The Party of Regions invited UDAR join them and the KPU in a coalition. “I am sure that UDAR and we have many common positions; and their election program in many instances is similar to ours,” said Party of Regions deputy Georgiy Smitiukh (UNIAN, October 17). UDAR is a member of a coalition with the Party of Regions in the Kyiv oblast council and voted for Party of Regions member Oleksandr Kachnyy to be council leader.
However, Party of Regions parliamentary faction leader Oleksandr Yefremov backtracked from this possibility, asserting that a Party of Regions–KPU–UDAR coalition represented Smitiukh’s personal opinion (www.bbc.co.uk/ukrainian, October 17). Klychko, in turn, ruled out such a coalition: “I want to state that any alliance with those parties who discredited themselves and showed their indifferent attitude toward the people, in other words the Party of Regions and KPU, cannot take place” (Ukrayinska Pravda, October 18).
In addition, both UDAR and Front for Change have withdrawn their first-past-the-post candidates in favor of candidates promoted by oligarchs. UDAR candidate Mykola Buriak, running in Sumy oblast, withdrew in favor of Party of Regions candidate Andriy Derkach, son of disgraced former SBU Chairman Leonid Derkach (Kyiv Weekly, October 18). Derkach was forced to resign by parliament in February 2001 because he ordered surveillance of journalist Georgi Gongadze who was murdered six months earlier.
UDAR candidate Roman Hrapko and UO candidate Vadym Hetman both withdrew in Dnipropetrovsk oblast in favor of Yakov Bezbakh, supported by oligarch Viktor Pinchuk (Ukrayinska Pravda, October 19). Bezbakh is running in Pinchuk’s former seat and works as an adviser at Pinchuk’s Interpipe Corporation.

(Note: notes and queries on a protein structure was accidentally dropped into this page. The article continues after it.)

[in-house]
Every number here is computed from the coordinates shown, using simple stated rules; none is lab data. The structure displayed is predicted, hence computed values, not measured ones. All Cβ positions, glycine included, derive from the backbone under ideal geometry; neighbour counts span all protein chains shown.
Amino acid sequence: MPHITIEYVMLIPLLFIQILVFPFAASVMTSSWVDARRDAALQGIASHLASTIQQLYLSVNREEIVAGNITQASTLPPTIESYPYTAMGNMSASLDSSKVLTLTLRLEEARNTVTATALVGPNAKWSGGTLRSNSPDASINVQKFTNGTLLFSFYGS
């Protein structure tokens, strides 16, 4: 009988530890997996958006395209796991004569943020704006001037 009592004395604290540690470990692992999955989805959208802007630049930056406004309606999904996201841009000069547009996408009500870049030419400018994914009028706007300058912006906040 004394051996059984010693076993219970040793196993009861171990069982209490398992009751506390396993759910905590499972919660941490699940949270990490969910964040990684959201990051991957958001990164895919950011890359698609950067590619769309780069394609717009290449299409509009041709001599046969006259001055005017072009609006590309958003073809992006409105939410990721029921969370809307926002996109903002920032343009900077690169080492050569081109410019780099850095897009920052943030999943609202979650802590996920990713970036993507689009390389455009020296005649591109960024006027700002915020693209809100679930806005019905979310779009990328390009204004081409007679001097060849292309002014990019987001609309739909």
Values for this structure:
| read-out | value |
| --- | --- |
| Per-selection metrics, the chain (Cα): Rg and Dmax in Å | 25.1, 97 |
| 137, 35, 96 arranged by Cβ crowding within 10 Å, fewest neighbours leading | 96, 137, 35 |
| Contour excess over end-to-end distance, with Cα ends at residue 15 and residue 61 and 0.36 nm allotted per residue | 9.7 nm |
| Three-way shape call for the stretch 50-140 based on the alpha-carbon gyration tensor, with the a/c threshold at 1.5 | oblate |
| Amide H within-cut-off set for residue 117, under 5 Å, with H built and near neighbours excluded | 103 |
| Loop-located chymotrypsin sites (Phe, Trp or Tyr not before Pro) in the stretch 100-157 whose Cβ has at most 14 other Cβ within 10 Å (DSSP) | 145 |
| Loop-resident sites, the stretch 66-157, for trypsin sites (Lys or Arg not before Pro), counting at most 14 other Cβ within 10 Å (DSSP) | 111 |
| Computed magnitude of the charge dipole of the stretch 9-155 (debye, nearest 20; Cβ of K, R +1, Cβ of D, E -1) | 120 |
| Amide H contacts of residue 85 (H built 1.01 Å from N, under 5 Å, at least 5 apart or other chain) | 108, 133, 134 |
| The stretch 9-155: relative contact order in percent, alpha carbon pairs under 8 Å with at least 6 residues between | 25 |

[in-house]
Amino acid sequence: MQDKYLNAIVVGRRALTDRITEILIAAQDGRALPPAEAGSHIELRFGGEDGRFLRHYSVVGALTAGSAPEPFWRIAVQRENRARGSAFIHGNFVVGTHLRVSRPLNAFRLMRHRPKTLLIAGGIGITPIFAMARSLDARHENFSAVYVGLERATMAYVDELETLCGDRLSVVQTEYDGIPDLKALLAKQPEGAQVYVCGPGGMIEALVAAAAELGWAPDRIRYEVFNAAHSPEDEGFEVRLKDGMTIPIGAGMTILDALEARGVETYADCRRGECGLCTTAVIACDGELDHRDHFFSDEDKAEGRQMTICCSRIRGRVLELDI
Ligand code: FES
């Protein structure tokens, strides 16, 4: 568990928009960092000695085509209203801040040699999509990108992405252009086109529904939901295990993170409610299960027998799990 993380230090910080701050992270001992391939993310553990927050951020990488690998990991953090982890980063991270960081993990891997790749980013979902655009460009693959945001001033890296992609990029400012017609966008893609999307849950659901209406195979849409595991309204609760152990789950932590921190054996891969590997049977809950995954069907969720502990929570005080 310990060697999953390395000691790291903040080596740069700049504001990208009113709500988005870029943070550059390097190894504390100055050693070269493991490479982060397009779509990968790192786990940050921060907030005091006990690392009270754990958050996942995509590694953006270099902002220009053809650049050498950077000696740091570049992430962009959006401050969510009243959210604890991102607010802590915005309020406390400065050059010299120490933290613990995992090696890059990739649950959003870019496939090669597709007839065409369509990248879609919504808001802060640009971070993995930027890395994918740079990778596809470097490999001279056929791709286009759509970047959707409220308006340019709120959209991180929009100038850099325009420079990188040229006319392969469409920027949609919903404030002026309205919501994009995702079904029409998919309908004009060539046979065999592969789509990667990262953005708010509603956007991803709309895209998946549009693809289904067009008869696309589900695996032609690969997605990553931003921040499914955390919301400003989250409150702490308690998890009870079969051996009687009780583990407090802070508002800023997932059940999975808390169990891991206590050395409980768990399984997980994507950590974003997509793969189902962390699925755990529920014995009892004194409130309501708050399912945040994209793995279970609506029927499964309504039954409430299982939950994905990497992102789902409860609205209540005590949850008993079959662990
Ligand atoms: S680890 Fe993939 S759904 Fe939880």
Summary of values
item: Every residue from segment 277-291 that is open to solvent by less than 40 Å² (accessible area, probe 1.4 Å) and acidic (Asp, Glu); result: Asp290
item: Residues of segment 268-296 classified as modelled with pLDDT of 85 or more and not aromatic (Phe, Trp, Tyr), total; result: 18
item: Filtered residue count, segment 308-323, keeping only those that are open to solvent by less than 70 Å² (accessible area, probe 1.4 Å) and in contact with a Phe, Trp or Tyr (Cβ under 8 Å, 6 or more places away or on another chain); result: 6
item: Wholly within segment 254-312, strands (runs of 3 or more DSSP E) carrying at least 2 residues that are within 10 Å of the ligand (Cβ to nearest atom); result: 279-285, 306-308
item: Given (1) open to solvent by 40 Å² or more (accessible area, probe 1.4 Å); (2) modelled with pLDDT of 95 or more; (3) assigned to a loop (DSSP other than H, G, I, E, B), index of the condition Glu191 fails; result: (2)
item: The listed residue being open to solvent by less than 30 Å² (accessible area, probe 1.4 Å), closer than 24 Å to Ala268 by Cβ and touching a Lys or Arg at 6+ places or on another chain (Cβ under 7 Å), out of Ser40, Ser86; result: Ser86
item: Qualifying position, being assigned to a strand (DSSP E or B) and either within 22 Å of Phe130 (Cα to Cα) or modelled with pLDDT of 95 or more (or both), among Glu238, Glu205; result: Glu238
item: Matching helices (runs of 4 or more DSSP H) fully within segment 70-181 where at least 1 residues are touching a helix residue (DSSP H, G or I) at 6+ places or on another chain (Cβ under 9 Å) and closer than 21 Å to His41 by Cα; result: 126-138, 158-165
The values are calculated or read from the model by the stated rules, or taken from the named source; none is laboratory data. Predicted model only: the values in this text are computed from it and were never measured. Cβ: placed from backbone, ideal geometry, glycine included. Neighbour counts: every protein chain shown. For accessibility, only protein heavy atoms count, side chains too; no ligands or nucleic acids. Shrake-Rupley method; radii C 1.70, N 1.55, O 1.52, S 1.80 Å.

Hetman is a local council deputy from Front for Change and his withdrawal reflected Yatseniuk’s cynicism (Ukrayinska Pravda, October 19). At the Yalta European Strategy (YES) the month before Yatseniuk, turning to YES organizer Pinchuk, said “Viktor, do not be nervous; you are not an oligarch. You are under the protection of democratic forces” (Ukrayinska Pravda (October 19).
It remains to be seen if UDAR will be as pragmatic as Viktor Yushchenko’s Our Ukraine party was in being able to play off both sides and full-time members of the opposition. But, notably, Klychko told a post-election press conference he was concerned about Svoboda’s “right-radicalism” (Ukrayinska Pravda, October 28), which points to future disagreements similar to those that plagued the “orange” coalitions under Yushchenko that undermined their unity.
Yanukovych will not be completely pleased by the election results because whichever party came in second will demand the right to be the opposition candidate in the 2015 presidential election. Yanukovych would have preferred to face Klychko, also from Donetsk, than Fatherland’s Yatseniuk—assuming Tymoshenko remains jailed (see EDM, November 4, 2011) in 2015.